October 24, 2009


          Italian souvenirs by Mirino

My very first visit to Italy was from the North, travelling down from Munich to Bolzano. It was during the winter many years ago and I was with a girl friend. It was to be my initiation to skiing. She, a Bavarian, had helped me to buy second hand skis. Long, dark red 'Atomic' ones. Too long, too heavy and too fast for a total beginner who thought skiing would be a bit like roller-skating.

(My generation had 'Jacko-Skates'. Two pairs of wheels- front and back to each foot on an extensible chassis that was strapped to each shoe. As the wheels were made with hard, black rubber- far less noisy than the old metal ones, and as they rotated on ball-bearings and had a degree of 'torque', they were considered a revolutionary must. No one then would have ever come up with the single roller blade of wheels on special, dynamic, ankle protecting boots, knee and elbow protection pads and helmet. And an Ipod with ear phones would then have been considered even more alien. With 'Jacko-Skates' it was everyone for him or herself. We simply hoped to steer clear of little stones that tended to 'scrinch-jam' the wheels, and avoided, as best we could, from falling over).

Thus no doubt I was over confident, and so keen to ski that as soon as we arrived at the ski resort in the evening I went out in the dark, put them on to try them out on what I vaguely made out to be the nearest, gentle slope of deep, crisp snow.

This was a mistake of course. I took off, narrowly missed what I discovered the next day to be a car park on one side and a wood pile on the other, then eventually, fortunately, fell hard without breaking anything. It took me what seemed ages to wearily climb back up to the chalet in those black leather, lace up ski boots, heavily laden with my skis and smart chrome 'bâtons', yet unaccountably pleased with myself.

It's unlikely that there's a worst nor more irresponsible way of introducing oneself to the art of skiing, but it gave me even greater, totally unjustified, confidence for the following, sparkling, crystal clear morning when I could see where I was going. All I needed from then on was to learn how to turn and how to stop.

I no longer have those long, dark red skis, on which I learnt to ski, more out of necessity (the will to survive) than from any instruction or the mere pleasure of skiing, but I still have the very neat, and extremely reliable, Geze fixations. They'll work perfectly for generations, even though one would always have to attach leather straps to avoid losing the skis when having fallen, one is smartly ejected from them, as I so often was.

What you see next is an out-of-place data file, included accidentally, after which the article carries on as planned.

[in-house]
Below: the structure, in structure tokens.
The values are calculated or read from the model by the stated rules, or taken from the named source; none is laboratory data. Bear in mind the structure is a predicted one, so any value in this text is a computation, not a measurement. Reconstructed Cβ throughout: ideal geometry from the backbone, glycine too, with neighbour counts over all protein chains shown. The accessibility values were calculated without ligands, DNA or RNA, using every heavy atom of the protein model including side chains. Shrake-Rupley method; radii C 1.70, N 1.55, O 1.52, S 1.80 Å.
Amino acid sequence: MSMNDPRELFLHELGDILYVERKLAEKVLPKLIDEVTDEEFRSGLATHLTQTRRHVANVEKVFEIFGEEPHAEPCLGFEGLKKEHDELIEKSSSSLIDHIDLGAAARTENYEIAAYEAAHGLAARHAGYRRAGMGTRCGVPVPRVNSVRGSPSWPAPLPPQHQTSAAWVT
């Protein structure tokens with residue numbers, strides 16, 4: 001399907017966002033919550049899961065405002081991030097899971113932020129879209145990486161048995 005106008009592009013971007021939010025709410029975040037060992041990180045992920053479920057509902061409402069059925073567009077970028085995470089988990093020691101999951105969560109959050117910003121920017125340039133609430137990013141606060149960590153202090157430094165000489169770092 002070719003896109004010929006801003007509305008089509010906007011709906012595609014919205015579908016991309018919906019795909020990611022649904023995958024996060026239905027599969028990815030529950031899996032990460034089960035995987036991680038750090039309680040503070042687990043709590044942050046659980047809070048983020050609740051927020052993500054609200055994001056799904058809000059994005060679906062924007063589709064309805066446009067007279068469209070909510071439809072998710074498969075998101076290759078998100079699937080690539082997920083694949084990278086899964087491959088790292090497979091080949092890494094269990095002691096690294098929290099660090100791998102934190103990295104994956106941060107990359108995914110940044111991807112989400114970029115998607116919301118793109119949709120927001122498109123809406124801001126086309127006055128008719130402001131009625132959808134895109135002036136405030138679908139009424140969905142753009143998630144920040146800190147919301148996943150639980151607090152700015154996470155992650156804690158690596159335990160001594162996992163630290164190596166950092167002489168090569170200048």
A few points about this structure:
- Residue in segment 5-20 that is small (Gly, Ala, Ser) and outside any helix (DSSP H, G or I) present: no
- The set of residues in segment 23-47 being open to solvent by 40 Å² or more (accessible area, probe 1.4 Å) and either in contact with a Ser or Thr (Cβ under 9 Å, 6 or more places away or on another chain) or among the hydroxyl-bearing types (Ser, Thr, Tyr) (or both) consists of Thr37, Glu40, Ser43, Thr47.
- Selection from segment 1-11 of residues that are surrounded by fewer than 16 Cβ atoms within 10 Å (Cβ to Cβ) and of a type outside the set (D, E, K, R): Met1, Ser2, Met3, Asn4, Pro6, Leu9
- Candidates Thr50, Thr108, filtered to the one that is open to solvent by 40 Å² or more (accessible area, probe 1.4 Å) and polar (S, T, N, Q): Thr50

None of this has anything to do with Bolzano or Italy, but then I was very young, fool-hardy and one track minded- certainly in this particular case. I knew nothing of the local history or that if Benito Mussolini succeeded in accomplishing something positive, 'Italianizing' Bolzano (formally Bozen, the ethnic German city until the end of the first World War) might be considered an example.

I recall that, after a few days, still incredibly unscathed, I left my friend and my skis in her care, to take the train down to Genoa, then on to Monaco, France, to visit another friend. I vaguely remember having to change trains somewhere very early in the morning, maybe Genoa. In the cool, little waiting room there was a young soldier smoking, a priest reading, and old lady fast asleep. The stage was set. I remember thinking then, 'this is Italy'.

The train was packed when it eventually arrived, far too late, and it stopped at every single station from then on. I remember supporting someone who was sick, then at another moment sitting opposite, and far too near, a little, old, rural lady eating a black radish.
Then I remember the fresh sea air, the warm sunshine of the delightful morning, the Bougainvillea and the turquoise to deep blue sea as the little train puffed along the Mediterranean coast. It was the first time I had ever seen la Côte d'Azur.

It all now seems like a strange dream, and perhaps in a way it was.

Text © Mirino (PW) October, 2009. 
Modified image (with thanks to Google Images)

Italian life under Fascism

The only place where I’d really appreciate coming across something called (or similar to) Fascism is.. in a history book held in the Rare Books & Special Collections section of a library. Well, this online exhibition—maintained by the Fry Collection, which is based at the University of Wisconsin-Madison, USA—of books, posters and other printed material relating to Mussolini’s regime from 1922 to 1945 is something very close to that. The site includes basic accompanying text about the history of the period. Good stuff for history teachers and scholars. Thanks : Mike Stajduhar.